thu 20/06/2024

BBCSO, Storgårds, Barbican review – Jolas intrigues, Mahler 4 disappoints | reviews, news & interviews

BBCSO, Storgårds, Barbican review – Jolas intrigues, Mahler 4 disappoints

BBCSO, Storgårds, Barbican review – Jolas intrigues, Mahler 4 disappoints

The French composer, working with Roger Muraro and Håkan Hardenberger, is still radical at 91

John Storgårds: propulsive, dynamic and often brashChris Christodoulou

Betsy Jolas is a pioneer, the programme for this BBC Symphony Orchestra concert told us, and she’s certainly unique. Now 91, she has been following her own course for many decades, an associate of the 1960s French avant-garde, but never a subscriber to its doctrines. Her concerto for piano and trumpet, Histoires vraies (2015), here received its UK premiere.

The style is restrained but eclectic, modernist only in its avoidance of tradition, but continually inventive and, above all, great fun.

The title means "True stories", and Jolas links this idea with the expression of "sounds we try not to hear". It also vaguely biographical, conveying "a strong wish to play together" on the part of the two soloists, pianist Roger Muraro and trumpeter Håken Hardenberger (pictured below). The trumpeter was presumably the motivating force behind this project, given his taste for Dadaesque projects (particularly with H. K. Gruber), but Jolas takes that dark, surreal humour to another level, with counterintuitive progressions and disorientating juxtapositions at every turn.

The idea of "sounds we try not to hear" suggests an objet trouvé approach, and the large percussion section begins the work by assembling a range of unpitched and disorganised noises, already playing before the conductor and soloists take the stage. When the music proper begins, the piano part fleshes these out, while the strings play short melodic motifs, accompaniment perhaps, but seemingly unrelated. The piano and trumpet have a more cordial relationship, neither performing overtly virtuosic music (until the stratospheric coda for the trumpet) and instead relaxing into laid-back bluesy textures.

trumpeter Håken HardenbergerBoth soloists have shadows in the ensemble, the trumpeter often echoed by the orchestral first trumpet, the piano by another pianist and by the harp. But everything remains provisional and ungrounded, and rather than cohere, the separate ideas simply play out in parallel. There is an incisive aspect to Jolas’s music too, with slaps and bangs from the percussion often cutting through the more nebulous textures. This comes to a head at the end, where the pianist repeatedly hits the lid of the piano against the front of the case, and clapping from the orchestra ends the piece, a decisive conclusion but as surreal as everything it follows.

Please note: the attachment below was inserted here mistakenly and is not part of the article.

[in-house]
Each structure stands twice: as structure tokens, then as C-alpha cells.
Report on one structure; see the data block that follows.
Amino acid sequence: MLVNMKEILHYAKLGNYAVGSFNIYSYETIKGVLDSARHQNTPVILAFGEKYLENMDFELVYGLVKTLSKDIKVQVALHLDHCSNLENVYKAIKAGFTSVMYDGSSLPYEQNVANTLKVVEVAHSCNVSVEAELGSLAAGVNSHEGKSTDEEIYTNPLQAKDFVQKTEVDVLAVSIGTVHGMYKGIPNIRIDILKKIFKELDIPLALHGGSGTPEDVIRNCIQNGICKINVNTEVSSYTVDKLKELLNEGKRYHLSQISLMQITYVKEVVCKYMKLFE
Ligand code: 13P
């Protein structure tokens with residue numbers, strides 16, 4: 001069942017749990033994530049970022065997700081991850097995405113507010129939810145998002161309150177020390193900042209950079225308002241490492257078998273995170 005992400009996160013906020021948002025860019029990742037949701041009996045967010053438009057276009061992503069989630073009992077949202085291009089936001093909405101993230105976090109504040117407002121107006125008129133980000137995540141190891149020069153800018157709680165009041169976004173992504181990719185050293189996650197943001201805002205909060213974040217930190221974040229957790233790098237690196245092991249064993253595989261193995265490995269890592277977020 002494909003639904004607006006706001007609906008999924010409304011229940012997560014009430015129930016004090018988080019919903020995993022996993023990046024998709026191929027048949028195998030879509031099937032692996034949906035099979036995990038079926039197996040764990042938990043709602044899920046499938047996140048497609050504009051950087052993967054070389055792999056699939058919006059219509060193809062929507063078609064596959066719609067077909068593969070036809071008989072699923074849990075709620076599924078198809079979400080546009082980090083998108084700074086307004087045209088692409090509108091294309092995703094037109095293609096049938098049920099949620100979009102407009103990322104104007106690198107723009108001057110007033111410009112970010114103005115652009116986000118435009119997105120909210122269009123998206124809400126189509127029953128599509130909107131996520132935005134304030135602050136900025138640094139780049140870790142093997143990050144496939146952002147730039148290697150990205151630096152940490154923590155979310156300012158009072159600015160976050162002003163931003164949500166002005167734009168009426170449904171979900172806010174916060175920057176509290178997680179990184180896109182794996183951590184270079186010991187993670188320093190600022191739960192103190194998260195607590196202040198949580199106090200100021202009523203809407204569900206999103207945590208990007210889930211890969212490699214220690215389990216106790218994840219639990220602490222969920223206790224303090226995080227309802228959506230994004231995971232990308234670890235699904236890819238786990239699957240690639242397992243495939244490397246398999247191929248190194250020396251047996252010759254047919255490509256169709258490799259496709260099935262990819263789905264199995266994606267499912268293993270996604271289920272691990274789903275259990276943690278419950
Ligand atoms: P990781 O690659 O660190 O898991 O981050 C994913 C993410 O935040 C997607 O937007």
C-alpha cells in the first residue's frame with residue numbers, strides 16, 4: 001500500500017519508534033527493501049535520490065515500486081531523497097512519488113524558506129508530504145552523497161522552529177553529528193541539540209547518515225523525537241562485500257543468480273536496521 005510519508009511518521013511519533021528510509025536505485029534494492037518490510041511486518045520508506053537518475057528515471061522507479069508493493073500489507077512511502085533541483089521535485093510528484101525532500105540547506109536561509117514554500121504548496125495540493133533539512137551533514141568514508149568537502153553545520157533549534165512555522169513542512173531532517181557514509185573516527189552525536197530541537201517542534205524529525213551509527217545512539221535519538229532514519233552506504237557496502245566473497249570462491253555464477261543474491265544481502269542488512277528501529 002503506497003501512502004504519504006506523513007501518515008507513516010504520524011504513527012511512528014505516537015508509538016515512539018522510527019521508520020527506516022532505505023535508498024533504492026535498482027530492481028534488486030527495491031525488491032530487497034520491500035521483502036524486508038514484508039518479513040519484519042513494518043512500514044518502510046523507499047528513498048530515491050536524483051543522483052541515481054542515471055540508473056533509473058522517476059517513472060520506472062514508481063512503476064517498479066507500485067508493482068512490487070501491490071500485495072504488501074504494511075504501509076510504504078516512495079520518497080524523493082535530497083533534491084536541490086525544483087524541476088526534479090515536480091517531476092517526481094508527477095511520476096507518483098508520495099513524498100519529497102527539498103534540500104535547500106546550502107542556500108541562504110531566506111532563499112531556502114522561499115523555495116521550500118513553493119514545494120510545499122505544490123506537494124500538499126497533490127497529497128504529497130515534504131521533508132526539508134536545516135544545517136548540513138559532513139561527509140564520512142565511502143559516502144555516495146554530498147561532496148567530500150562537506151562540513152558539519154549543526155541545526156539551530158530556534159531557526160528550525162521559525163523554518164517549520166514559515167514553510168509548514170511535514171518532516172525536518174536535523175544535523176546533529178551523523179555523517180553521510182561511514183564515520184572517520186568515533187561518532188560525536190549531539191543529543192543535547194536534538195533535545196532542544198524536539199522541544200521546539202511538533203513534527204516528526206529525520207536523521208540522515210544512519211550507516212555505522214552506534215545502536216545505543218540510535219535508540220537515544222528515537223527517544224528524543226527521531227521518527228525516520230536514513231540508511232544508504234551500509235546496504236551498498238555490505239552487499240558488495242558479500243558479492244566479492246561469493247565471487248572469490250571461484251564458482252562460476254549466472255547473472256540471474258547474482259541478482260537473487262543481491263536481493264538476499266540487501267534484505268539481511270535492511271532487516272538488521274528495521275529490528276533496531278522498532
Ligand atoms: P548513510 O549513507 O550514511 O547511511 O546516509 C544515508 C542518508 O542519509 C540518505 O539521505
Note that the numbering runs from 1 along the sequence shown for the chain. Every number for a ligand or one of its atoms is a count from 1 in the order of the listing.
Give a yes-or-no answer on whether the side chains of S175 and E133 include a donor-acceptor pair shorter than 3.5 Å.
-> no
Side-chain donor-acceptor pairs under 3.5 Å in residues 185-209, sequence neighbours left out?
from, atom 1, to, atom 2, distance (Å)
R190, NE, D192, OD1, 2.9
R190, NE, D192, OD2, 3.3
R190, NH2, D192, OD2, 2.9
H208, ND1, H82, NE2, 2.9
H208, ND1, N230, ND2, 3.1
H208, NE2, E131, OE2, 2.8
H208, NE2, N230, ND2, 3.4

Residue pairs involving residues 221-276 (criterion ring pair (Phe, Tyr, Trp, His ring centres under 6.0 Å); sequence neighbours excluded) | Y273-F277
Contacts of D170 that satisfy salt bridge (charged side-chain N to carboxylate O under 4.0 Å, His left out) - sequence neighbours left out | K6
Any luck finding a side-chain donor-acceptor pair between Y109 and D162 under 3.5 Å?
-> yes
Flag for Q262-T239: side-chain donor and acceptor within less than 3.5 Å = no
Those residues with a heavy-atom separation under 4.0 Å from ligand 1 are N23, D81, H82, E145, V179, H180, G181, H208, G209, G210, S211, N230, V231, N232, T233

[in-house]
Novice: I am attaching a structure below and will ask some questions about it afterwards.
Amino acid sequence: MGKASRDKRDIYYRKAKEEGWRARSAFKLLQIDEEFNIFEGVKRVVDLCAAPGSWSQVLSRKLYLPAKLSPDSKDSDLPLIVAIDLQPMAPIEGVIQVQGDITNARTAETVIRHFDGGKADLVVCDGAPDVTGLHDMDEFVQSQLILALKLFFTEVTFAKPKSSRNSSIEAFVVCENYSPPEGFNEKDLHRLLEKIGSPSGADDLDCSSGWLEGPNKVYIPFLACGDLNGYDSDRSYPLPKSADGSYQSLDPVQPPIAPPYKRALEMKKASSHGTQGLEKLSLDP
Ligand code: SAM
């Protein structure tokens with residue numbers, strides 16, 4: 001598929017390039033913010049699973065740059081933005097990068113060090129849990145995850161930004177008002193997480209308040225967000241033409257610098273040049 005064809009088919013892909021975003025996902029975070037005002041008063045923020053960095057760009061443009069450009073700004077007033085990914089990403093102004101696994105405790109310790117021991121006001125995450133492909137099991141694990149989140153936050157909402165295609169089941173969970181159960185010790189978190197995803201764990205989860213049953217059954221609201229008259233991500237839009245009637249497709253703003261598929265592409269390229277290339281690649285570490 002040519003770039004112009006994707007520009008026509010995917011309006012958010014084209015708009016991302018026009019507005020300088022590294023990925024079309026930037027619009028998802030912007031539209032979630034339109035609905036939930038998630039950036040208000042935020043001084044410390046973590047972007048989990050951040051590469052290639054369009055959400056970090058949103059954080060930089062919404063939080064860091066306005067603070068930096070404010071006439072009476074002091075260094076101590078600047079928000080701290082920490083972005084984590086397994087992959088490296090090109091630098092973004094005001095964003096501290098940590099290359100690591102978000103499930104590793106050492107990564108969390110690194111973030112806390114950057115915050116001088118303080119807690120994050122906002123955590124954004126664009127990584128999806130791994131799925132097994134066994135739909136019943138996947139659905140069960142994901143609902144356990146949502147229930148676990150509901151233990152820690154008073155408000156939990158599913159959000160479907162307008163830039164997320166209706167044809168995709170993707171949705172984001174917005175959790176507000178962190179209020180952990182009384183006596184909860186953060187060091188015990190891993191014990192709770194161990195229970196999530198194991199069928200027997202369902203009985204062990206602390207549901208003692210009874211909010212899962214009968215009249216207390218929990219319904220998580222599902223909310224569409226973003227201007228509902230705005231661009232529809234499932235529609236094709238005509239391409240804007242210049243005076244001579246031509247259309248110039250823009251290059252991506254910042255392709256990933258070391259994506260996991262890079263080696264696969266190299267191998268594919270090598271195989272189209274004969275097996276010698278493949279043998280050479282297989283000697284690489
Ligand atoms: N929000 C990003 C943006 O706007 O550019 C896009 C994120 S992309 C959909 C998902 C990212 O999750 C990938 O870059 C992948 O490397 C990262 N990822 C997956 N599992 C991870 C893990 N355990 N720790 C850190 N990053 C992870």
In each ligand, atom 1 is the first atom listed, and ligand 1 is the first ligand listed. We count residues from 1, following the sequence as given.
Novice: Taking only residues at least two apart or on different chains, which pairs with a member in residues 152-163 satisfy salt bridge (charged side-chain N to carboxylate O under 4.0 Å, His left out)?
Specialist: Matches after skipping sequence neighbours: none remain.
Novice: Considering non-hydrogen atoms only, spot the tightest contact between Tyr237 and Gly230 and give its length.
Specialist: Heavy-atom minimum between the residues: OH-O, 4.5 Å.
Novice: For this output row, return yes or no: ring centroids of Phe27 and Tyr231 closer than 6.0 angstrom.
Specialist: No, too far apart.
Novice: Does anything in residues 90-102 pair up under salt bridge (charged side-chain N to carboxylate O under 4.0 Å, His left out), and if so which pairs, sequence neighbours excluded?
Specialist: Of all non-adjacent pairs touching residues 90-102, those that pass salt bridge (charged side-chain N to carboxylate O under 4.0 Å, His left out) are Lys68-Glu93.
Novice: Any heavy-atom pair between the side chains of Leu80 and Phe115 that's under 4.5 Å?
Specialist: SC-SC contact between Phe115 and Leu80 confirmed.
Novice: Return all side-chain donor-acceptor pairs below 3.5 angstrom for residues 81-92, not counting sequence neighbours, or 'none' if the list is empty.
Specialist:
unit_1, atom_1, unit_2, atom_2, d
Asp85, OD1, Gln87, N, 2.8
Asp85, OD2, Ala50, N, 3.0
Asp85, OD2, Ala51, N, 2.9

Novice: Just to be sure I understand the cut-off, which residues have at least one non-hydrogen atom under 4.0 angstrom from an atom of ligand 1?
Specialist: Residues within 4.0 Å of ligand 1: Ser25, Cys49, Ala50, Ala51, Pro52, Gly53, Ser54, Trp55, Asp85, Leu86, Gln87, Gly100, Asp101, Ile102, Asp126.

The concert opened with two short works from Lili Boulanger, the short-lived French composer known today largely through the championship of her sister Nadia. The two works, D’un matin de printemps and D’un soir triste, are expansions of chamber pieces, as is clear from their unsophisticated orchestration. Like the Jolas, this music is difficult to pin down. The style is romantic and melodic, but not overtly expressive, and a sense of neoclassical reserve pervades both pieces. The second piece has a surprisingly dissonant climax, but it is prepared and resolved with typical Boulanger sophistication.

Mahler’s Fourth Symphony made up the second half of the programme, a curious coupling, perhaps inspired by the similarities between the sleigh bell openings of the Mahler and the Boulanger. John Storgårds led a propulsive, dynamic and often brash account. The difficult transitions in the first movement often caused ensemble problems, but the climaxes were impressive, with the woodwinds mostly maintaining their tone and ensemble at the loud dynamics. Storgårds took a liberty with the coda, bringing the music down to the quietest imaginable dynamics and an unfeasibly slow tempo and then building up to a huge climax – thrilling but disproportionate.

Some sprightly solo violin turns from guest leader Florian Donderer brought vitality and life to the second movement, although again, Storgårds' excesses with the Ländler rhythms, lingering on every downbeat, disrupted the flow. Tempos in the Ruhevoll (restful) third movement were again on the fast side, but fluid and varied, bringing a valuable sense of structure to music that too often sags. Soprano Susanna Hurrell was unsteady at her first entrance in the finale, but soon found her form, although with her wide, operatic vibrato, she gave little sense of the “childlike manner” specified in the score. Storgårds continued to draw strident textures from the orchestra, and Hurrell often struggled to be heard. And even at the very end, the solo harp that should fade to silence plucked away emphatically until the very last bar. As in the Jolas, the performance style here seemed deliberately brash and unaffected, but it didn’t suit Mahler at all. 


Histoires varies is restrained but eclectic, continually inventive and, above all, great fun


Editor Rating: 
Average: 3 (1 vote)

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